New Research 2012
Overview of granted research applications and new cooperations 2012.
- NEXUS 1492
- Island Networks: modelling inter-community social relationships in the Lesser Antilles across the historical divide (AD 1000-1800)
- Charlemagne’s Backyard? Rural society in the Netherlands in the Carolingian Age.
- Leakey Foundation funds fieldwork in the Turkana Basin
- Colonial Rural networks & Roman colonial landscapes
- LGI Seed funding awarded to research project: Globalisation, materiality and the transference of cultures
- The Jebel Qurma Archaeological Landscape Project
- Shedding light on endangered mutual heritage. Developing non-invasive imaging techniques to uncover, understand and preserve ancient Mexican pictorial manuscripts
- Marie Curie felloswhip for Noriyuki Shirai
- Constructing powerful identities. The conception and meaning of 'rich' Hallstatt burials in the Low Countries (800-500 BC).
- Grant Prins Bernard Cultuurfonds
- Cedla Slicher van Bath-de Jong grant for Mariana Francozo
- Chiara Piccoli wins scholarship by the Italian Research Council
Corinne Hofman (Professor in Caribbean Archaeology) has been awarded 15 million euro by the EU for her archaeological research on the colonisation of the Americas. She will lead the ‘NEXUS 1492’ project together with colleagues Davies (VU), Brandes (Konstanz) and Willems (Leiden).
The EU grant is an ERC Synergy Grant, a new form of grant that promotes collaboration between excellent researchers. The NEXUS team will consist of 38 researchers: archaeologists, geochemists and network and heritage specialists. A large number of them are from the Caribbean.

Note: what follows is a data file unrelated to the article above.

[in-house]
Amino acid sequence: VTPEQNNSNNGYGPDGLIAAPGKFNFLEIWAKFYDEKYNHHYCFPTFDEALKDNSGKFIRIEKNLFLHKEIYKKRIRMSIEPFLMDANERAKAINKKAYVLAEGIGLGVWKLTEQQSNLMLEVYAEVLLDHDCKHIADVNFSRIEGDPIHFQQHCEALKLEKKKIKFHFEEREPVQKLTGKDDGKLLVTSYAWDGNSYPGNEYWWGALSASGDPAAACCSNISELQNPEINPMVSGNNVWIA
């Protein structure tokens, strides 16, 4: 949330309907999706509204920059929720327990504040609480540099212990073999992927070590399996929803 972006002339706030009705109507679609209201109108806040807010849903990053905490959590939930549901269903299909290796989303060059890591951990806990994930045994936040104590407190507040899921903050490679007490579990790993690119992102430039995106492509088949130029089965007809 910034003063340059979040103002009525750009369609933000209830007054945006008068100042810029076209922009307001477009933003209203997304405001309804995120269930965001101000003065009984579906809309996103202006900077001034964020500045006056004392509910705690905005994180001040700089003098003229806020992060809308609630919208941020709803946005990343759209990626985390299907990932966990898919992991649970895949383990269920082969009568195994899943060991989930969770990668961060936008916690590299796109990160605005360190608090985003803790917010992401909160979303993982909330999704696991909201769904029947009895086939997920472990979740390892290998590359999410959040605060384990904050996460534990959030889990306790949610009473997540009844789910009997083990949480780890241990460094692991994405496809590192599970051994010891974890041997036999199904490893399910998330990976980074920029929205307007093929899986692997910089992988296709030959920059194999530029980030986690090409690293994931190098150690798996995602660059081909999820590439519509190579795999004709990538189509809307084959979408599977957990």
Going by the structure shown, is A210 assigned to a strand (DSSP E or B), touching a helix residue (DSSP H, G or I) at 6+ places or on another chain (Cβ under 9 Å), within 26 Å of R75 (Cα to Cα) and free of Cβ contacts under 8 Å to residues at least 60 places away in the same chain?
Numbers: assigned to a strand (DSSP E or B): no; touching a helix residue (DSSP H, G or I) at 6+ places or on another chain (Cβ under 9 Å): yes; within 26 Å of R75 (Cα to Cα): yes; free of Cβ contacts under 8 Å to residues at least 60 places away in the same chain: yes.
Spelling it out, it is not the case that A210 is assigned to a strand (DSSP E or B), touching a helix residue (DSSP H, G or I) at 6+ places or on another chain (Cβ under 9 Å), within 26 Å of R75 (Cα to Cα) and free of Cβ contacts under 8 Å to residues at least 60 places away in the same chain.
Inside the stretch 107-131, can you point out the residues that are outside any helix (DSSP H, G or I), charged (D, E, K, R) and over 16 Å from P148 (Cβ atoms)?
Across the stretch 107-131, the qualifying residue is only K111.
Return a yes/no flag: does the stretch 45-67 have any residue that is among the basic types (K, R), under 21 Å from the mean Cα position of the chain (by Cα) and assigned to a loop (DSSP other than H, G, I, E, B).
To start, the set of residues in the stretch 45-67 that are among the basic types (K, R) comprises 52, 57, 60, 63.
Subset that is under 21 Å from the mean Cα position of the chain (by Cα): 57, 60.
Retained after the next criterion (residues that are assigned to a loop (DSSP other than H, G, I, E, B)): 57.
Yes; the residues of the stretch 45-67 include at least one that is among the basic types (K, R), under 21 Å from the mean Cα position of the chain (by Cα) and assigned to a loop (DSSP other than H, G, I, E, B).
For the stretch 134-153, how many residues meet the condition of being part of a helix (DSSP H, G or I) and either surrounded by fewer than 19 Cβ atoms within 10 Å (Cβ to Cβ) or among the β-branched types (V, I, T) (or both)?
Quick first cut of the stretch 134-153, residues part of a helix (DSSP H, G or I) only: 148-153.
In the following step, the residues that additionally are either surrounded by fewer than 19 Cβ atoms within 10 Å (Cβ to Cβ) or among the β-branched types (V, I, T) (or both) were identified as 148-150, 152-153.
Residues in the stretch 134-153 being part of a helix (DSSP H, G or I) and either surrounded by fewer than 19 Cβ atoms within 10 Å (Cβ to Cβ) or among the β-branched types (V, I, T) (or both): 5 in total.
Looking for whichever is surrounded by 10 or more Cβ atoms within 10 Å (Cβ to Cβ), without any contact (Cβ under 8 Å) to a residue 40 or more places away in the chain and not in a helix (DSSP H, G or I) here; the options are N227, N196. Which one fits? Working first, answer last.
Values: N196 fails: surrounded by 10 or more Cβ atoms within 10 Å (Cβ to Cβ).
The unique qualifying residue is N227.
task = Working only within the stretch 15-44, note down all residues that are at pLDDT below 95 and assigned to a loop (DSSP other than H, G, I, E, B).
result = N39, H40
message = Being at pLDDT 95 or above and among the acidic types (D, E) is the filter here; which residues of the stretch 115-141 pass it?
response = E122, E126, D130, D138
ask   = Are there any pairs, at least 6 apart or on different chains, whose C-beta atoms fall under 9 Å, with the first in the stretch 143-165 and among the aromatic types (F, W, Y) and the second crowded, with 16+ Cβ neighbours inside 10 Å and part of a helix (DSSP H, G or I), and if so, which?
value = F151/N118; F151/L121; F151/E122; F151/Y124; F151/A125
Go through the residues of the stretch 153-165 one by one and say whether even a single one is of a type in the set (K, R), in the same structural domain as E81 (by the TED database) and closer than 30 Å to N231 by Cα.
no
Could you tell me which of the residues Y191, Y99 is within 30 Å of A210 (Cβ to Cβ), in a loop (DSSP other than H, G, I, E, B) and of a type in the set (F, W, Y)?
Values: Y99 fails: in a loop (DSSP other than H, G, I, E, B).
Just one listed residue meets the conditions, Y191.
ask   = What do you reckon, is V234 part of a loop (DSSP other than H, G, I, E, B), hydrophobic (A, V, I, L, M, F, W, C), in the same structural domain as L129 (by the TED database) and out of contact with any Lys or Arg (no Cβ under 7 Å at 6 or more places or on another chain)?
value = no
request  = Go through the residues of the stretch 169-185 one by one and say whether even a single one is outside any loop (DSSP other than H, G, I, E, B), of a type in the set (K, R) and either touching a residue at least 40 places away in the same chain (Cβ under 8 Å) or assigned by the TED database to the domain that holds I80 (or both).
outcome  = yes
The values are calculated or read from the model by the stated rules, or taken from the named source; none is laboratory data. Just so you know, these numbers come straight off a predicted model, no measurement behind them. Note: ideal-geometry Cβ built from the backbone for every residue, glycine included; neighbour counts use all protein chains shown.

The research will start september 1st. 2013.
Island Networks: modelling inter-community social relationships in the Lesser Antilles across the historical divide (AD 1000-1800)
Applicant & team Members
Prof. dr. F.C.W.J. Theuws (University of Leiden, Faculty of Archaeology)
Prof. dr. M. de Jong (University of Utrecht)
01/04/2013 tot 31/03/2018
NWO Free Competition
The new research group
will be formed by 1 postdoctoral historian researcher (University of Utrecht) and 3 PhD candidates archaeologists (University Leiden).
Dr. Josephine Joordens, post-doctoral researcher of the Human Origins Group, has been awarded a grant of EUR 15.000 to conduct fieldwork in the Turkana Basin, “the cradle of mankind”, in Kenya. Her research aims to shed light on the early history of the genus Homo in the time period around 2 million years ago in Africa. With her team she will apply a novel climate proxy, a combination of magnetostratigraphy and strontium isotope stratigraphy, to refine age control and climatic context of important hominin fossils found in the Turkana Basin. Read more....
Dr. Tesse Stek has been awarded a Veni and a Free Competition (within the Humanities field) grant by the Netherlands Organisation for Scientific Research (NWO) for his research projects.
Colonial rural networks. Dispersed settlement and colonial expansion in the Roman Republic (c. 4th -1st centuries BC)
Duration: 01/10/2012 tot 30/09/2015
Roman colonial landscapes. Non-urban settlement organization and Roman expansion in the Roman Republic (4th-1st centuries BC)
Duration: 01/01/2013 tot 31/12/2017
These new Leiden research projects examine the role of Roman non-urban settlements in the formative phase of the Roman empire (c.4th-1st centuries BC). Both ancient and modern viewers have portrayed Roman colonies as key-factors in the spread of the urban model and are sharply contrasted with the non-urban settlement organization that prevailed in the conquered native areas. Several aspects of this urban, Roman model have been attacked by recent studies however, and it now becomes clear that non-urban settlements and institutions must have played an important role in early Roman expansion and colonization.
LGI Seed funding awarded to research project: Globalisation, materiality and the transference of cultures